The weather forecast data were used as a supplementary data source alongside field observations in order to increase the amount of information about weather conditions. Considering the data availability and spatial resolution, the Global Ensemble Forecast System (GEFS), developed by the National Centers for Environmental Prediction (NCEP) [21,22], was used in this study. The GEFS dataset is accessible on a 0.25-degree Gaussian grid, and has provided forecasts for ten days with a temporal resolution of 3 h per timestep since 2000. Given that the agricultural fields were situated between grid points, the widely adopted inverse distance interpolation method [23] was performed to extrapolate forecasted weather data to the exact coordinates of the field locations where weather sensors were installed. To ensure alignment between field observations and GEFS forecasts, parameters including average, minimum, and maximum 2 m temperatures, average 10 m wind speed, and total precipitation were extracted and organized into 24 h groups corresponding to Ecuadorian days (GMT-5). It is essential that due to the GEFS forecast being produced daily according to Greenwich Mean Time, after the conversion to the Ecuadorian time zone, the forecast for the 10th day in Ecuador was truncated by 5 h. Therefore, only the data for the first nine days of the forecast were utilized in the analysis, with predictions for the last day excluded. This approach aimed to maintain accuracy and consistency in integrating forecasted weather conditions with field observations.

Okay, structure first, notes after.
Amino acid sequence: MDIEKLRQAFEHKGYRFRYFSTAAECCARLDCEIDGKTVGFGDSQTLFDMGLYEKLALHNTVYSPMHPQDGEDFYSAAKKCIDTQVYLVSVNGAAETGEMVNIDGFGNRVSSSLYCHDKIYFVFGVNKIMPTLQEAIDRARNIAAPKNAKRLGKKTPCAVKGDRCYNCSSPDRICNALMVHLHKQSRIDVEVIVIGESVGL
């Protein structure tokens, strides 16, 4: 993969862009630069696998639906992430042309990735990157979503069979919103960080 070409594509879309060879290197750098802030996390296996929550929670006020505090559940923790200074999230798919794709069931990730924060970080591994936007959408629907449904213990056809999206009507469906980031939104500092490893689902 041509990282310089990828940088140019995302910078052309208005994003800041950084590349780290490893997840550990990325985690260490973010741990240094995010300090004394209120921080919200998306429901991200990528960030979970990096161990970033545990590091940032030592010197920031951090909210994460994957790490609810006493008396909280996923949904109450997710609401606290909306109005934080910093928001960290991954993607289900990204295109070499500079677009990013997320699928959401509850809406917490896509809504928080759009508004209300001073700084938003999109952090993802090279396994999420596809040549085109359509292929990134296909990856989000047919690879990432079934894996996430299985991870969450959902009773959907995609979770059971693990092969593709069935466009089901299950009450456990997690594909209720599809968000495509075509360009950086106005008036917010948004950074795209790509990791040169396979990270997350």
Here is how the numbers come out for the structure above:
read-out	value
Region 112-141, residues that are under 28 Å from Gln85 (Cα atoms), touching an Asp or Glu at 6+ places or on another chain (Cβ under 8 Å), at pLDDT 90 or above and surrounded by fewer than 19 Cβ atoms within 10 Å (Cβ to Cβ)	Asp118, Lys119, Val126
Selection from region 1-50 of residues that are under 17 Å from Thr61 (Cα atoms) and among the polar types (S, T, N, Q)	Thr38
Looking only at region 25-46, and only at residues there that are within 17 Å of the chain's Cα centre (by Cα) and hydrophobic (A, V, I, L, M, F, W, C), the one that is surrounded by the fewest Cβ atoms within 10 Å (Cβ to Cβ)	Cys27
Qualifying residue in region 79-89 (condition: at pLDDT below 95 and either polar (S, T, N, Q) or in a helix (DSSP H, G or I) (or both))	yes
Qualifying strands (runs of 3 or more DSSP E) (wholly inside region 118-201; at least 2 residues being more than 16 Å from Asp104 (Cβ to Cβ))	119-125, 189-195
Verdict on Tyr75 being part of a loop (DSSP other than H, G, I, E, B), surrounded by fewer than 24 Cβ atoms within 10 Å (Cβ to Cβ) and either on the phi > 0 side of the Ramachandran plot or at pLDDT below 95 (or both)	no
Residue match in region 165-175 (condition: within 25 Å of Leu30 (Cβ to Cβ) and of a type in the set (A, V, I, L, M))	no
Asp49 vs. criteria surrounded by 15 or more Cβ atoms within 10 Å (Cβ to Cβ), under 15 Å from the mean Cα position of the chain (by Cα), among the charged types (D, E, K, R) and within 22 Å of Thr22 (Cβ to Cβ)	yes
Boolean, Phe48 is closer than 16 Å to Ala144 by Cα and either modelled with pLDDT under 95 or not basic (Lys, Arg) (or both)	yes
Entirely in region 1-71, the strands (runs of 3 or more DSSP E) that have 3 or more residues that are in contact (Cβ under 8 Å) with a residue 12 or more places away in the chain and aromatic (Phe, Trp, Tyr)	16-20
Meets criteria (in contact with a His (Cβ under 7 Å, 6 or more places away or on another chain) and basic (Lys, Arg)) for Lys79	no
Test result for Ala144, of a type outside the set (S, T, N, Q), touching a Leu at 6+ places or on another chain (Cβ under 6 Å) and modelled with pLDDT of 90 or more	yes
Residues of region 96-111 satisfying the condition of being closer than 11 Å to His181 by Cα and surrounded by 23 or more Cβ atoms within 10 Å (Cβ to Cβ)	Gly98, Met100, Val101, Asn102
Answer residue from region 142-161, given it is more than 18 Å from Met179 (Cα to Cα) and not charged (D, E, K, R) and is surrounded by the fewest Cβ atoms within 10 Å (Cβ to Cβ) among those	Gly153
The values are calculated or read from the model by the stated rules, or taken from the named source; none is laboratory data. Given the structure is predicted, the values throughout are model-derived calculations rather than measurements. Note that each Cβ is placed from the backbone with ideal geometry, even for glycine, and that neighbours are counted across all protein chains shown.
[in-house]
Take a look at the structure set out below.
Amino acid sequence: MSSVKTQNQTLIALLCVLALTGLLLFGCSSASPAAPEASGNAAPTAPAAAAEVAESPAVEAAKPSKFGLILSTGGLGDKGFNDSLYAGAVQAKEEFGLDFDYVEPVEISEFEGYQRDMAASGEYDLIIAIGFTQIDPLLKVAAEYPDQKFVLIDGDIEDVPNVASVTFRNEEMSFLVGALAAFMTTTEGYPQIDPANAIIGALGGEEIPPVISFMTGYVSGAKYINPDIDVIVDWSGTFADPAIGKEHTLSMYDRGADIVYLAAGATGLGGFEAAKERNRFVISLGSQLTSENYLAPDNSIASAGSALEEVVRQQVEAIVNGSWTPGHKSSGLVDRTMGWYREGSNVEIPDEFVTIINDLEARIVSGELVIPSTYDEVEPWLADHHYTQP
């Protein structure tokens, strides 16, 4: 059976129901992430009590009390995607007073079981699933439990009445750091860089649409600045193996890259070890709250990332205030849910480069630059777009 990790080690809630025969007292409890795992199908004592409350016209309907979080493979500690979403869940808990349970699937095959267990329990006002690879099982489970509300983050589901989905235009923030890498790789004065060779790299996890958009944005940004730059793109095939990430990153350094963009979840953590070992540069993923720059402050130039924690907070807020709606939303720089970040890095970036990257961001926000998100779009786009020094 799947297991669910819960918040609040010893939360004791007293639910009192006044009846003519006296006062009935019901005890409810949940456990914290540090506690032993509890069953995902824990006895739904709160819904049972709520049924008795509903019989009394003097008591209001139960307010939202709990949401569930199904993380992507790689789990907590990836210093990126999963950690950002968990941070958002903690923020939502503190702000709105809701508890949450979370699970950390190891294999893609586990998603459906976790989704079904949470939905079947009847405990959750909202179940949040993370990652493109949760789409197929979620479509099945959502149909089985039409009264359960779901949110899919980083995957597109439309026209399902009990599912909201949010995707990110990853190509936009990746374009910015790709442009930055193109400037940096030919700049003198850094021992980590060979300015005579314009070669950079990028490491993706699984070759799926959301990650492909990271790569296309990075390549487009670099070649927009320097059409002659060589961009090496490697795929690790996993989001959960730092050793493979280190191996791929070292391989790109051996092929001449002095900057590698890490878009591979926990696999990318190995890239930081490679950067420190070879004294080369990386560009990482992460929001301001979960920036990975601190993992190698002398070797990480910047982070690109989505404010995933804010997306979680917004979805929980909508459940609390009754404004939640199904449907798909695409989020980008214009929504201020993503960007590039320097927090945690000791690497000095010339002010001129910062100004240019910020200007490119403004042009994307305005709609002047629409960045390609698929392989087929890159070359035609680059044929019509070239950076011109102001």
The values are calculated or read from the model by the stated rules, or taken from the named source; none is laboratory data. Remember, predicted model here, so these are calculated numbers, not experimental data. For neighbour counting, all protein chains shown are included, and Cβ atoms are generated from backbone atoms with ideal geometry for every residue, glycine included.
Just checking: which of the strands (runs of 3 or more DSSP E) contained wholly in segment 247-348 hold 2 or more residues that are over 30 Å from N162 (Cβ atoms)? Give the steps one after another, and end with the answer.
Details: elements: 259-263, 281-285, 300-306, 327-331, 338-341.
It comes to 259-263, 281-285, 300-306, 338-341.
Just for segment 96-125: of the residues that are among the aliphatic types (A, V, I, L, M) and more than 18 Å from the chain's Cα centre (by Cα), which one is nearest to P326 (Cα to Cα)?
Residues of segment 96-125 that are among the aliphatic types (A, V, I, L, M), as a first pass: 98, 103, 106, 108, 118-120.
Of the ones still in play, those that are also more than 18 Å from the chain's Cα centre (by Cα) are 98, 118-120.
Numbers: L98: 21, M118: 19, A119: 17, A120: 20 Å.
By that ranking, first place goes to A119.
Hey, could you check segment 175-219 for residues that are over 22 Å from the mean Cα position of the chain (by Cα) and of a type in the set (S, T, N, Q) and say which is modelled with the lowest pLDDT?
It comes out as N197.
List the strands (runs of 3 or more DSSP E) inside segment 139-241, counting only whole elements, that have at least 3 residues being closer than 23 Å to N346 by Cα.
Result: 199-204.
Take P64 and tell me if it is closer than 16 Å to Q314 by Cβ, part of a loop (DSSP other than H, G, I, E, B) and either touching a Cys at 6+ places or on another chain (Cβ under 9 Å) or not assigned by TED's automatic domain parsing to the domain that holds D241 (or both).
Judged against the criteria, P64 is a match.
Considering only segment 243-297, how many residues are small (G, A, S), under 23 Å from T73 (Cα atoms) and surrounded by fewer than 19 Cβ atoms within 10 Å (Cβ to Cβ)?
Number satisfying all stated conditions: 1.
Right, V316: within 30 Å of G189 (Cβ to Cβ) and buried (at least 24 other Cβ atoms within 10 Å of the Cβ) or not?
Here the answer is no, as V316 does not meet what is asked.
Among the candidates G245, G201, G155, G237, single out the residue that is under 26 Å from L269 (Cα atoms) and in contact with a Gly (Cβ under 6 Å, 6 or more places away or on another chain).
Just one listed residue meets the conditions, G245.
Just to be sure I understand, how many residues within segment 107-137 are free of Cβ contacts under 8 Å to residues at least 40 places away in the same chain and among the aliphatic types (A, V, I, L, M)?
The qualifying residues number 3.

This study used the linear regression (LR) approach [24] as a mitigation strategy to address biases inherent in the model outputs caused by complex topography around the experimental site. This bias is shown in Table A1, where the Mean Absolute Error between in situ observations and GEFS is computed. Specifically, for each forecasted variable, nine distinct LR models were developed. Each model was configured to correct the bias on a specific forecast day. Training these models involved utilizing field weather observations as true values, with forecasted variables as inputs. The acquired LR models were subsequently applied to transform the entire selection of the GEFS subset.

2.2. Harvest Models

This study introduces multiple models for estimating broccoli harvest time, simplified to calculating the growing days (GDs), particularly, the number of days between transplanting (planting day, PD) and harvest day.

2.2.1. Persistence Model

The initial approach, termed the “persistence model”, sets a constant number of GDs, regardless of seasonal variations. The constant output was configured to be equal to the mean value of GDs in the training dataset. This assumption establishes a baseline prediction, providing insight into the accuracy achieved when neglecting variables that exhibit temporal fluctuations. The resulting persistence model serves as a reference point against which the subsequent, more complex models can be compared and evaluated.

2.2.2. Thermal Model